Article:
Quoting A. W Pink:
“To say that Christ died for all alike, to say that He became the Substitute and Surety of the whole human race, to say that He suffered on behalf of and in the stead of all mankind, is to say that He ‘bore the curse for many who are now bearing the curse for themselves; that He suffered punishment for many who are now lifting up their own eyes in Hell, being in torments; that He paid the redemption price for many who shall yet pay in their own eternal anguish ‘the wages of sin, which is death’” (quote from GS
“To say that He made an atonement which fully atones is to say that He paid a price which actually ransoms” (59)
“Will Christ ever force anyone to receive Him as Savior? In one sense this is true, but in another sense it is positively untrue. The salvation of any sinner is a matter of Divine power. By nature the sinner is at enmity with God, and naught but Divine power operating within him, can overcome this enmity; hence it is written, “no man can come unto Me, except the Father which hath sent me draw him (John 6:44). It is the Divine power overcoming the sinner’s innate enmity which makes him willing to come to Christ that he might have life” (p.61).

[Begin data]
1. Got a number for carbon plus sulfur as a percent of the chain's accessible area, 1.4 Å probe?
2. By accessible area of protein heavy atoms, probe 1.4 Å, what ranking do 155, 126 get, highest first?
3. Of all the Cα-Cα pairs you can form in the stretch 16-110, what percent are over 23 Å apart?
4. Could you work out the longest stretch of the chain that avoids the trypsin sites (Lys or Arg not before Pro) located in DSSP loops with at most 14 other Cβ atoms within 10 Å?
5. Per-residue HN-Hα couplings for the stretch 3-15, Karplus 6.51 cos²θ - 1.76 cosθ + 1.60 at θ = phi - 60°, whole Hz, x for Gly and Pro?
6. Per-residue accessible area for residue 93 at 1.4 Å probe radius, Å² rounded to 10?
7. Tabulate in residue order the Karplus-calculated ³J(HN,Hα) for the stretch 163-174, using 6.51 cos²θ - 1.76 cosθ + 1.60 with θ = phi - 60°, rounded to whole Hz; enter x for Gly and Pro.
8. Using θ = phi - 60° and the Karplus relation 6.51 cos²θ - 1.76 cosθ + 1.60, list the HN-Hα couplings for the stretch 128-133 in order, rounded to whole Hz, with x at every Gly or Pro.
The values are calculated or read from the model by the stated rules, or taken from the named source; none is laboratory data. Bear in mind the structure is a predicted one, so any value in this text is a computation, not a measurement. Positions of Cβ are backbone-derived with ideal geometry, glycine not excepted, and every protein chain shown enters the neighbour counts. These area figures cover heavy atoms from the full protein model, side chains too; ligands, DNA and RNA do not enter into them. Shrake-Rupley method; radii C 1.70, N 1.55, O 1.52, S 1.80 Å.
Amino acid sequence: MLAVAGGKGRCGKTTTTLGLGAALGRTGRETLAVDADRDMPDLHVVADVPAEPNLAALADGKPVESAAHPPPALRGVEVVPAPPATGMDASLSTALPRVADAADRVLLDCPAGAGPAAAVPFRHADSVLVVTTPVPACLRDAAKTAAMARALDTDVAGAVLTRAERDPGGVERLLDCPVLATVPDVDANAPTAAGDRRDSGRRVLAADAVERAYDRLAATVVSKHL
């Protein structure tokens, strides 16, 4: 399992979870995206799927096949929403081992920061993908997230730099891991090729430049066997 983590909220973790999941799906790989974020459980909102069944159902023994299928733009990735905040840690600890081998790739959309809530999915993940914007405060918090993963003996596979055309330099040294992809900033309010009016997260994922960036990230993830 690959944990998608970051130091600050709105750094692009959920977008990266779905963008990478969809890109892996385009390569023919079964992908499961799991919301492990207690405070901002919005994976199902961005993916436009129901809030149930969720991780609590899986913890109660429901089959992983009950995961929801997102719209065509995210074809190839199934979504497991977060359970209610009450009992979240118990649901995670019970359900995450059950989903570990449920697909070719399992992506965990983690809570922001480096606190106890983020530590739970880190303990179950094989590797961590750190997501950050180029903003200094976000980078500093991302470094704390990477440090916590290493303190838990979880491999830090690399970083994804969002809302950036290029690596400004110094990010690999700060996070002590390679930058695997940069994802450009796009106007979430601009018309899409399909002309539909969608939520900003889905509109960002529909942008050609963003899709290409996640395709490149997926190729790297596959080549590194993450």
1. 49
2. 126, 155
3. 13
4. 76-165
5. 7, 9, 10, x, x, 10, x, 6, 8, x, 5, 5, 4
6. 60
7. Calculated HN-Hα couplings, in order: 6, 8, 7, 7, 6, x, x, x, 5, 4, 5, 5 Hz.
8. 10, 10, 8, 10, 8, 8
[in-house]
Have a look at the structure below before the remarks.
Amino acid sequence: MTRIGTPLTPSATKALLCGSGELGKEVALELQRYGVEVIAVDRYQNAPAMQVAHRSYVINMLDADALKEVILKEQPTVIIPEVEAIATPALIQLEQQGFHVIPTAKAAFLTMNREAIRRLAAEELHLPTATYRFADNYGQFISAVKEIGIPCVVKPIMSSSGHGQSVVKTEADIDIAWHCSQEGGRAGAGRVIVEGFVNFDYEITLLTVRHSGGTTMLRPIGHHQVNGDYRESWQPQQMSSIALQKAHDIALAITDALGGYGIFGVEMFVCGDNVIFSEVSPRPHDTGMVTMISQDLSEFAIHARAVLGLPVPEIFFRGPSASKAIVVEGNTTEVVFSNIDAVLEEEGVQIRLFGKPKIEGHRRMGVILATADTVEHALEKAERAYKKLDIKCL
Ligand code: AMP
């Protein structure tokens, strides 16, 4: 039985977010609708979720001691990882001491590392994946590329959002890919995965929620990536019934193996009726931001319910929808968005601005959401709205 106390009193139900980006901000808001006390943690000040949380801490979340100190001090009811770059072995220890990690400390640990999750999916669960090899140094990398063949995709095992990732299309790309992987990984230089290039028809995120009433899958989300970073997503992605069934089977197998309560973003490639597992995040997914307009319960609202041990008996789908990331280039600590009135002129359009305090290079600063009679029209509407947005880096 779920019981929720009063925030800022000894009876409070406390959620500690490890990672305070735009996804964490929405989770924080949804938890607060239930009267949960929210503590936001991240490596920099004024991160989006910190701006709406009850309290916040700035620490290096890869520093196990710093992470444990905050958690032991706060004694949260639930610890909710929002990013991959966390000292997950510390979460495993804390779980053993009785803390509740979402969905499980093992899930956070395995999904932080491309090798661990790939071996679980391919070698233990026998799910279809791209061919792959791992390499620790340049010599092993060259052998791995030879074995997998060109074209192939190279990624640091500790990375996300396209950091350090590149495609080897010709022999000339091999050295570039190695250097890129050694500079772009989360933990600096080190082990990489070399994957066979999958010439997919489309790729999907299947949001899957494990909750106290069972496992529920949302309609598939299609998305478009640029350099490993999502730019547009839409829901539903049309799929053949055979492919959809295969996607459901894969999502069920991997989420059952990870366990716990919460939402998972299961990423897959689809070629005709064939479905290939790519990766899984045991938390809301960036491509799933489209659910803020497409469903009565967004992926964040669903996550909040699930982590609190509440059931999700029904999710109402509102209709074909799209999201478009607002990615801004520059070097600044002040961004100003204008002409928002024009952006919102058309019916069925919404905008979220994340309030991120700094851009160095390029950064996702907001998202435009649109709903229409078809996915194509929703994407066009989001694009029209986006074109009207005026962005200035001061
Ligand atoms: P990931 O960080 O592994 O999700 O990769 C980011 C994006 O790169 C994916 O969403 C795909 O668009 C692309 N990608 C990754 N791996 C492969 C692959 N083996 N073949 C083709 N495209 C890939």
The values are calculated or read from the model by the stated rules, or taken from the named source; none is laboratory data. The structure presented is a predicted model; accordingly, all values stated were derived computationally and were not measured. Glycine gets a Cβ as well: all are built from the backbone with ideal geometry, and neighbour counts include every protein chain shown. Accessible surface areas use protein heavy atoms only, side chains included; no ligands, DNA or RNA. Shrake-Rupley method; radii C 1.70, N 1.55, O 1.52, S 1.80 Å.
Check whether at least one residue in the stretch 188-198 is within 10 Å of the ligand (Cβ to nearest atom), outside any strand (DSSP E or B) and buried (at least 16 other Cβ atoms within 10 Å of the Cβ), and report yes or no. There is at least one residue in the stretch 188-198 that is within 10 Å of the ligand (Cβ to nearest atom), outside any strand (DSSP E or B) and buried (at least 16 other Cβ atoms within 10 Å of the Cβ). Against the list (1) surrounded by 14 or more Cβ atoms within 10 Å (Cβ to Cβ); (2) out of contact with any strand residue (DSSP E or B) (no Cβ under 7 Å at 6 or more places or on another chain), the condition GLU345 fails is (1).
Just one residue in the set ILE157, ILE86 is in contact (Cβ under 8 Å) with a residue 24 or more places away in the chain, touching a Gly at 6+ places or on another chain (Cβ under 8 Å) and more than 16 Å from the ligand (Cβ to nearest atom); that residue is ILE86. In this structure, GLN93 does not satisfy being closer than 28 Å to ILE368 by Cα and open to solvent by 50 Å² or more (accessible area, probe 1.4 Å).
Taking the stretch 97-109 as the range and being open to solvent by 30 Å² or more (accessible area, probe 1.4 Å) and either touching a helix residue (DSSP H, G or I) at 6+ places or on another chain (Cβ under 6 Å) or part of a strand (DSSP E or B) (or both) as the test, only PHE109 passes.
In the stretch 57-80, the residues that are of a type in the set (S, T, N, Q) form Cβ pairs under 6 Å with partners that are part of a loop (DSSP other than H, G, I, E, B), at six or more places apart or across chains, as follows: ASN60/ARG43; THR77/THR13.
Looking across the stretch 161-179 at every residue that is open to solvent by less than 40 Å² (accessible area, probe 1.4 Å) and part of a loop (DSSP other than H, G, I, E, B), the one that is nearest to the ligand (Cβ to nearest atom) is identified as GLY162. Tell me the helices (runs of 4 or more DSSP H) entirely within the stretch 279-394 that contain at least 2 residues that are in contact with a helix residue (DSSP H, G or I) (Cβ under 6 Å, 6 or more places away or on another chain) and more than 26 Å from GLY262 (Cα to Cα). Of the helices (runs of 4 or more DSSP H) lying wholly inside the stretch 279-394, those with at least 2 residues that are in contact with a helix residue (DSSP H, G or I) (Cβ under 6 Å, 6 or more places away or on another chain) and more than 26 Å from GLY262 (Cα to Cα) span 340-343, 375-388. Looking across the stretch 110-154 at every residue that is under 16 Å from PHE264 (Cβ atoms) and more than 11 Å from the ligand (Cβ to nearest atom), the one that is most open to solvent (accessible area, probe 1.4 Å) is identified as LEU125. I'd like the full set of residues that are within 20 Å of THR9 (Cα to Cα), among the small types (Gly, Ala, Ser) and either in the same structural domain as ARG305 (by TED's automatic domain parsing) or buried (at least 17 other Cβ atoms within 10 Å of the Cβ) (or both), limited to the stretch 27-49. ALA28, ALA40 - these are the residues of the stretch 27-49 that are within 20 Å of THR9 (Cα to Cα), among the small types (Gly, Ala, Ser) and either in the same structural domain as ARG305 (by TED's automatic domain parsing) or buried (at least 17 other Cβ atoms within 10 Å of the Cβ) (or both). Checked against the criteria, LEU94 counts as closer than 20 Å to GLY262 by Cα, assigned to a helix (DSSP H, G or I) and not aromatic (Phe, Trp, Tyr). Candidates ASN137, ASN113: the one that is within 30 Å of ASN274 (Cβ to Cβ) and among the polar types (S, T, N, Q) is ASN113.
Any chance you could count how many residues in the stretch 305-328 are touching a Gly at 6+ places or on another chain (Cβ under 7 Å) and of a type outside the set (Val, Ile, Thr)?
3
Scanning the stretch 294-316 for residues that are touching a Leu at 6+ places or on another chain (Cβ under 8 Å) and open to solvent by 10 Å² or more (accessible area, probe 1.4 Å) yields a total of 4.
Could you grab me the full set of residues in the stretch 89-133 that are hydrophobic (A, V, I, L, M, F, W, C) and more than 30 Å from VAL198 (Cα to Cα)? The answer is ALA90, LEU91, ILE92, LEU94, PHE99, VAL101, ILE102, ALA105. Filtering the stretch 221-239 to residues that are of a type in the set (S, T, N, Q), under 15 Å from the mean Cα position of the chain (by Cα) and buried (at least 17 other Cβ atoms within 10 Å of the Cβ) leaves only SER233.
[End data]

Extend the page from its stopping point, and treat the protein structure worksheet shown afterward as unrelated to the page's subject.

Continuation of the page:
“The new birth is due to the sovereign will of the Spirit” (69).
“The new birth is solely the work of God the Spirit and man has NO part or lot in causing it . . . birth altogether excludes the idea of any effort or work on the part of the one who is born” (69).
Excerpt from The Sovereignty of God HT Vassal of the King
To deny the Sovereignty of God, people always first come up with this question-“If God is Sovereign, why do anything?” But what does the Bible say regarding God’s Sovereignty and human responsibility?
God’s sovereignty, as I am convinced the Bible teaches it, means that God has fore-ordained everything that happens. Before creation, God planned and decided (‘ordained’) the entire course of human history down to the smallest details. All circumstances in time are therefore the outworking of God’s plan which He decreed in eternity.
In light of this, a common objection is ‘If God has already decided what will happen, then why should I do anything? We don’t control history anyway. Therefore, we can just sit back and do nothing.’ The objector is saying that the logical outcome of belief in the absolute sovereignty of God is what we will call ‘indifferent fatalism’–the view that we should do nothing since God controls everything.
How are we to answer the objection of the indifferent fatalist? Why doesn’t belief in God’s absolute sovereignty lead to indifferent fatalism? And if God is absolutely sovereign, how can our choices have real meaning? These are very good questions that a proper understanding of God’s sovereignty will answer. Read More…